Web-pages nowadays tend to change while your viewing the page. Whether that change is a menu dropping in front of you, or when you hit the bottom of your twitter feed and more appear. Many pages use these dynamic elements to insert, show, or remove elements on the page. Large sites embrace dynamic development as it allows them to avoid writing every page by hand. How do they do this, you may ask? The building blocks consist of the DOM, events, and usually a server component.
The DOM, what and why?
The DOM stands for: document object model. It is a way to organize the many parts of a web page and a great way to help programs navigate through the page. The web-page under the DOM is organized in a tree structure with the ‘document’ being the root of the entire page. Under document are two things ‘head’ and ‘body’. These are called ‘nodes’ and are like the branches of the ‘document’ tree. Nodes can come from the ‘document’ and then nodes can come from those nodes for as long as the developer wants. These ‘branches’ are helpful for web development because they allow navigation up and down the tree relative to a selected position. For instance if you have two exact some branches, that are children of the same parent branch, but you want one to lose all of its leaves and the other to not. Rather than starting at the root and going all the way through the tree, you can instead start at the parent branch and move from there instead. Another reason for its prevalence in web development is it allows the developer choose a trait and then the DOM will select all branches with that trait.
Server side development though is about what happens to the page before the page is even sent client side. It can be used to take a simple html file with a paragraph and then with a server side script stitch it together with a header and a footer. Or, it could take a html template and insert data from a database into the html, all before the client even gets a response.
Events are objects containing the details of what is happening on the client’s side. They can be user events, such as clicking, or events like the page loading. They can concern the entire window of the browser, or just a small button on the website. So when you click-down, scroll, mouse over, hit the space bar, etc… it is an event. Events are constantly occurring whether you know it, loading, moving the mouse, scrolling, it’s truly inescapable.
So, we know something about events and I’d bet you could guess what event listeners are. Well they listen for events but, how is this useful in developing websites? and how do they work? First off when you add an event listener you need to tell it three key things, where to listen, what to listen for, and what to do when it hears it. Okay so, where to listen is the ‘thing’ that will have an event happen to it, for example we could have a picture, and when it is clicked, it disappears. In that case the picture is ‘where’ and the ‘click’ is the event, or what to listen for. So the event listener listens for when the picture is clicked and once it is, it does something. Again in this case the ‘something’ it does is simply hiding the image, but this is the framework of how event listeners work. They wait for a event on a specified thing, and then when they hear it, do a chunk of code.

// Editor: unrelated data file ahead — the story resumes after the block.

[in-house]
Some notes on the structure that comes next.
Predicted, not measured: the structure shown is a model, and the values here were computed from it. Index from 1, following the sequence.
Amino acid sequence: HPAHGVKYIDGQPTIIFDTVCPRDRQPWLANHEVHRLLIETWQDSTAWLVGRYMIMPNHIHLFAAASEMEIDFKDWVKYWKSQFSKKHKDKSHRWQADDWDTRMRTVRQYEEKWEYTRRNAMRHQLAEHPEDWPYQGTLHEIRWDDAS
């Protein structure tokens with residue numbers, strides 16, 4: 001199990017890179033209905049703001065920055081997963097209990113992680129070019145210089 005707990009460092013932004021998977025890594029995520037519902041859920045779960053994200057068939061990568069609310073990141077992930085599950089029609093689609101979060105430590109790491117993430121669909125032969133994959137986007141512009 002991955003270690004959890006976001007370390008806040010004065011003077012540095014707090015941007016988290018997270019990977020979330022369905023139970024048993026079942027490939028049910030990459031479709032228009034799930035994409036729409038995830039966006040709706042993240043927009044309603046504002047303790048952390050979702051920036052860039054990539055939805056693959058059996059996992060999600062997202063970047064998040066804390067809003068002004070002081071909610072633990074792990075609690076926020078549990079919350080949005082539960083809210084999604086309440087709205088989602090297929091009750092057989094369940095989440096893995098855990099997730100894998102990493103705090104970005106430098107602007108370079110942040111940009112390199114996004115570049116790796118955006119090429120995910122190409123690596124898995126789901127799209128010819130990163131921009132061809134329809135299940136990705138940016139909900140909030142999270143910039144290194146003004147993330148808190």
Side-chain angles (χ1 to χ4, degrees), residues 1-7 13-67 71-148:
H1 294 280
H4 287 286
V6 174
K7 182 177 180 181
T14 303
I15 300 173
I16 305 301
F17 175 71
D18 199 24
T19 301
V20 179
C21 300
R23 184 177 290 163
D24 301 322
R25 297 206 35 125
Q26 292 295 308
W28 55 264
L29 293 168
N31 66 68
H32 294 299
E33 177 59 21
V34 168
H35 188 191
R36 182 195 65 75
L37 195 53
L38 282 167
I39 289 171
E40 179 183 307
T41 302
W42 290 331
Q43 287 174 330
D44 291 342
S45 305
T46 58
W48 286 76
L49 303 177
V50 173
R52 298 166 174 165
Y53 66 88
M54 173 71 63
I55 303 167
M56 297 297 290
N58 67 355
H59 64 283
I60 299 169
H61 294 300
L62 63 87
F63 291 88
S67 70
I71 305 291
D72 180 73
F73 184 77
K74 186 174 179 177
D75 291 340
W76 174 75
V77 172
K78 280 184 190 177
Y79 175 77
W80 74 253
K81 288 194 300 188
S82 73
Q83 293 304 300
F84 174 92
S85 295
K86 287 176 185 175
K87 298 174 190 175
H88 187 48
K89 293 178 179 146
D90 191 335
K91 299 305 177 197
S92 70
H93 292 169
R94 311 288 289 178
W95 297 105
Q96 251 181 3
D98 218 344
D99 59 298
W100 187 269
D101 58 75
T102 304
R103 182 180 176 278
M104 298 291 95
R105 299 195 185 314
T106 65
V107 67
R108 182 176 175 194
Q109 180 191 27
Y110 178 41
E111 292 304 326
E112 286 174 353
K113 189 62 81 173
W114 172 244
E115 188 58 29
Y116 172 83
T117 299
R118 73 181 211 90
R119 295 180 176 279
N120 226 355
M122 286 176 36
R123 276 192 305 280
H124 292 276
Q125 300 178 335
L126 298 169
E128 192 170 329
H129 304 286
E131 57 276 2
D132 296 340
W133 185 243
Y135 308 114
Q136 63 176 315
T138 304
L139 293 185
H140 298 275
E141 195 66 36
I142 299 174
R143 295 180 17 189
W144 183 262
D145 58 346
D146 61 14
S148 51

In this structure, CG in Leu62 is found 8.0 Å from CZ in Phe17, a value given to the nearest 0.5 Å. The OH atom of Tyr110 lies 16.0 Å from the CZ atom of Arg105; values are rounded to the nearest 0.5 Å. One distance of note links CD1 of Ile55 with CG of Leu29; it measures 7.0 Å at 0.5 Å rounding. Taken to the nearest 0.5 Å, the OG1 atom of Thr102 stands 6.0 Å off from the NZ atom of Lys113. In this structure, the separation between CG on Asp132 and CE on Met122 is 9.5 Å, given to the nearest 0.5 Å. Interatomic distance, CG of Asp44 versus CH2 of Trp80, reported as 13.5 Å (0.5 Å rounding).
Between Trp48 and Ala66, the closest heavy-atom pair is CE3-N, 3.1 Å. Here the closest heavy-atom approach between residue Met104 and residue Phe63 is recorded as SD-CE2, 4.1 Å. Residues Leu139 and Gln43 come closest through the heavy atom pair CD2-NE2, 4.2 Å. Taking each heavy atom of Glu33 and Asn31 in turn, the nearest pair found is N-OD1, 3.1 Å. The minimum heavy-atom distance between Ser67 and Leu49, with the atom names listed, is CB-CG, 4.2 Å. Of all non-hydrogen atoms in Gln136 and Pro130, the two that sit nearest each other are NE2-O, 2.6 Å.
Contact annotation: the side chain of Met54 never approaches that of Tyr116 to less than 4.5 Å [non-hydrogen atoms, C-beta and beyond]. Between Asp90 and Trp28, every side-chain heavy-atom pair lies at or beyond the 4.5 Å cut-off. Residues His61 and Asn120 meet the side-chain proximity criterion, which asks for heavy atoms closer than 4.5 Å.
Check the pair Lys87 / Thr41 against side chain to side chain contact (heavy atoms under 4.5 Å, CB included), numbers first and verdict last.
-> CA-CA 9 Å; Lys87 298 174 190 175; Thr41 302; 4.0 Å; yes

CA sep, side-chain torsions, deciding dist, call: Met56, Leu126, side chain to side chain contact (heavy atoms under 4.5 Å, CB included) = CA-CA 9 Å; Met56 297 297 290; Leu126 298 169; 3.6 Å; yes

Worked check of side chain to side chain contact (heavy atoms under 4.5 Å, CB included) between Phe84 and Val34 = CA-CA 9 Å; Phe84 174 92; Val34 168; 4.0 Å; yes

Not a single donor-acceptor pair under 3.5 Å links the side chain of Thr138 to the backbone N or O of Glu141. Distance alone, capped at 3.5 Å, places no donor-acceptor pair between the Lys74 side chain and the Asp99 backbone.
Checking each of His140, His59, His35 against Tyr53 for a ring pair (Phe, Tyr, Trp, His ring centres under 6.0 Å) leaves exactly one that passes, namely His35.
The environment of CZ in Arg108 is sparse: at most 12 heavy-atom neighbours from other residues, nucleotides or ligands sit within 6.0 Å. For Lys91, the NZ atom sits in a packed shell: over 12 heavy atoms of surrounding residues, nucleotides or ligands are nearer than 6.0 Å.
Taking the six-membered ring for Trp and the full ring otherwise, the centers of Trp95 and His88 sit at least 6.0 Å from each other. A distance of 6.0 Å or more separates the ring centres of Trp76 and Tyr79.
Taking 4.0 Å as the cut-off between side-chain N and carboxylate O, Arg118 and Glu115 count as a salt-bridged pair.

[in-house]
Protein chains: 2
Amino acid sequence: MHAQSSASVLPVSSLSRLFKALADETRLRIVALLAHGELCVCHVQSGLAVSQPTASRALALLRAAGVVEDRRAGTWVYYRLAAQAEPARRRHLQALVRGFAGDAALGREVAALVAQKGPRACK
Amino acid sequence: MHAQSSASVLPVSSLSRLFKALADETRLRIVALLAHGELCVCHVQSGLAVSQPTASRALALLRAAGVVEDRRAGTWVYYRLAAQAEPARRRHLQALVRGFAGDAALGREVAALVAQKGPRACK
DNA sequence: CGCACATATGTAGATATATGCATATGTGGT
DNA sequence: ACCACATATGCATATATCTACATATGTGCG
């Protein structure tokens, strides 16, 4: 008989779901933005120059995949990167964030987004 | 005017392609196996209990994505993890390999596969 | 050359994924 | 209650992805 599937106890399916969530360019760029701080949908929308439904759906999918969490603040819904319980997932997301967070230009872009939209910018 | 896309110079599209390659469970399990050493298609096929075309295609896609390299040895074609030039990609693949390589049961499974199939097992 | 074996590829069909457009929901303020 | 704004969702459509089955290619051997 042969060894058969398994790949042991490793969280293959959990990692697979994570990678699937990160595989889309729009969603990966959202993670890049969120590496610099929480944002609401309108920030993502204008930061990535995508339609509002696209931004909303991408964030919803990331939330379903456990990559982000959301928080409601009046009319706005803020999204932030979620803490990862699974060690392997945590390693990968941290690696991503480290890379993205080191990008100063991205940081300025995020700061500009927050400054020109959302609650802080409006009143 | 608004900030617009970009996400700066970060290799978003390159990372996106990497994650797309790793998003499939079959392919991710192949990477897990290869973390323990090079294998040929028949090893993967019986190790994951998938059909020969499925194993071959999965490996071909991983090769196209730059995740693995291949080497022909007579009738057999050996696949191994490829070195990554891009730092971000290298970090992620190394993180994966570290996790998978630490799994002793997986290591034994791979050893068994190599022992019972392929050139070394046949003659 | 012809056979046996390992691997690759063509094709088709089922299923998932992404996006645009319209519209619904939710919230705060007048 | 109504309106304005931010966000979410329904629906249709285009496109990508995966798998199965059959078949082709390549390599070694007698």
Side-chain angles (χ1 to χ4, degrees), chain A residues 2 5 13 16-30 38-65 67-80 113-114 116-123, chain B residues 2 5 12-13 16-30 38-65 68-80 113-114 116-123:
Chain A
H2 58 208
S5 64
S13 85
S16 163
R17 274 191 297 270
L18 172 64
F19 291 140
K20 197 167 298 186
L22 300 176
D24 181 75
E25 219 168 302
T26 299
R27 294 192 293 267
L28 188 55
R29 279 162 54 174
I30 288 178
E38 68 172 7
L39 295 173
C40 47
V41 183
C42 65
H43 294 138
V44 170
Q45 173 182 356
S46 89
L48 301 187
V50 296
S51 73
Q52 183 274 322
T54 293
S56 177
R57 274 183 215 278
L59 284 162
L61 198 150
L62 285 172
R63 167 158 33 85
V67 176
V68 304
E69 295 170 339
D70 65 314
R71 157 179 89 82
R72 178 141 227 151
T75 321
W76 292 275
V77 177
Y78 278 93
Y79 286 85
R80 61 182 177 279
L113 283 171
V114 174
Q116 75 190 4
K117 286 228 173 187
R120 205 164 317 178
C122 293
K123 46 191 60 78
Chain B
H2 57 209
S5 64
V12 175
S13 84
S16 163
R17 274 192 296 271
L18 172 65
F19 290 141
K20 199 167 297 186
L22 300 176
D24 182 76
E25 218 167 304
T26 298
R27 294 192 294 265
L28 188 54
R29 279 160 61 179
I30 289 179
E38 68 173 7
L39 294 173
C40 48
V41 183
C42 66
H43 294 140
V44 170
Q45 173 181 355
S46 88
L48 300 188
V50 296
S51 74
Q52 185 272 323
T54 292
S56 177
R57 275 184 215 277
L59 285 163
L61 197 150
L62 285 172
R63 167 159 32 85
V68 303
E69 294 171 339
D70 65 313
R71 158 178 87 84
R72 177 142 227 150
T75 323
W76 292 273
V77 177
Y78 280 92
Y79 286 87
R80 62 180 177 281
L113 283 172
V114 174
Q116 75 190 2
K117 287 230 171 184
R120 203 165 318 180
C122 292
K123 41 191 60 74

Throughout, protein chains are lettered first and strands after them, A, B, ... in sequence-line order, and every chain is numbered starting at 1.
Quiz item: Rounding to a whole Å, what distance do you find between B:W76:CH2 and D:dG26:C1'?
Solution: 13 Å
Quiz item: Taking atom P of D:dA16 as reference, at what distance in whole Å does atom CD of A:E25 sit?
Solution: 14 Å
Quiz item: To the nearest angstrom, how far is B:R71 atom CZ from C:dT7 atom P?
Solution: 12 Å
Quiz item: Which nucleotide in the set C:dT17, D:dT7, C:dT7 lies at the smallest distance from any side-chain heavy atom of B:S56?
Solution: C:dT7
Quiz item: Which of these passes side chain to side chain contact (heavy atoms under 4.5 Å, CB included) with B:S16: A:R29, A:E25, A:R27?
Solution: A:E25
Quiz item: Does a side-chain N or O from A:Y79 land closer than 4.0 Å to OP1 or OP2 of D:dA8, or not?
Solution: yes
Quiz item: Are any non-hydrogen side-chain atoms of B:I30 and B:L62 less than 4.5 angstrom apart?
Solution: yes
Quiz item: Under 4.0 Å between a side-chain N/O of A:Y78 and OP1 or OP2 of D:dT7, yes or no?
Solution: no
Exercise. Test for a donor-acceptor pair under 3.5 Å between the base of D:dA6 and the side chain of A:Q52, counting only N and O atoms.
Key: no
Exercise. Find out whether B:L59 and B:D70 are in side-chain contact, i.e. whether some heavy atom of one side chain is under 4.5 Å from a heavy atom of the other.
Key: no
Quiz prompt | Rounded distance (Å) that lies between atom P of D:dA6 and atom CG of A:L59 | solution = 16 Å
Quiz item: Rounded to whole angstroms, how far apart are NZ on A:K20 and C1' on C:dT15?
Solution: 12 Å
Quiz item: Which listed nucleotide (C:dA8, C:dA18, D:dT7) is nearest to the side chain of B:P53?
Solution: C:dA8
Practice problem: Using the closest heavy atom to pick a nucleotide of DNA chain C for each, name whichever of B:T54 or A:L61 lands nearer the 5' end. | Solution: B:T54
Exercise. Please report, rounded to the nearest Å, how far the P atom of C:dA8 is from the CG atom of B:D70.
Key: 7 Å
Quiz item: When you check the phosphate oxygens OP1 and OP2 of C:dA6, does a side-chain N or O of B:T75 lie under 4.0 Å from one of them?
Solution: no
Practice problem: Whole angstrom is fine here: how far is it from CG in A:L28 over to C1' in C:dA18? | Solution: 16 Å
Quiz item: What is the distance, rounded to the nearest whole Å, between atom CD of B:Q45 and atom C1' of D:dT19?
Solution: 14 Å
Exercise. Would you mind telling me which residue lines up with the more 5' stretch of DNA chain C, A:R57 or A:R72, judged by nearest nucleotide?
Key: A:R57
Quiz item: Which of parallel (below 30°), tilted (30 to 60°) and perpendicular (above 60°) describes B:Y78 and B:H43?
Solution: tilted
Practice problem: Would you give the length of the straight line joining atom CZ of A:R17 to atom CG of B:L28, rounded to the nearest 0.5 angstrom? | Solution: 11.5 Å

Window.event contains many properties of an event, like if event’s default action is prevented, and the most important part the target. The target being what triggered the event. So window.event’s value is an event, but which event? All of them. The window.event is constantly changing. So, if it’s so finicky how is it useful? Its like an electron, you can know its speed or its position but never both, so if we ‘stop’ the window.event we can know its details/position. To do this we can grab it when the eventListener is doing the last part of its role, executing code, and then we have it stored along with all of its data. Then we can see if the user was holding down the spacebar while clicking, and if so we can augment what happens based on the details of that click. Window.event allows a developer to get properties of a particular event.
Tying it together
Those are the basics of dynamic web-pages and how they are dynamic. Lets take a look at all of them in use in the twitter example.
- The user goes to the site
- Server receives a request for the homepage.
- Server searches for the user in the database and finds them.
- Then finds the first 20-ish posts of who they’re following.
- Taking the homepage template it populates the ‘feed’ area with the posts.
- Finally the response is sent.
- The page has loaded for the User.
- Now they scroll to the bottom of their tweets.
- The event listener is triggered.
- Listener executes the code which asks the server for more tweets.
- User is now reading the new tweets and is happy.
Using events, the DOM, and both client and server side scripting, makes the example above possible. What I have covered are the bare basics and yet there are some more things I’ve not mentioned yet. Those things being AJAX and JSON, which are present in the above example and allow for the amazing dynamic pages with content appearing right before your eyes! I’ll cover these two things in a future article but, for now enjoy your foundation for dynamic web-pages.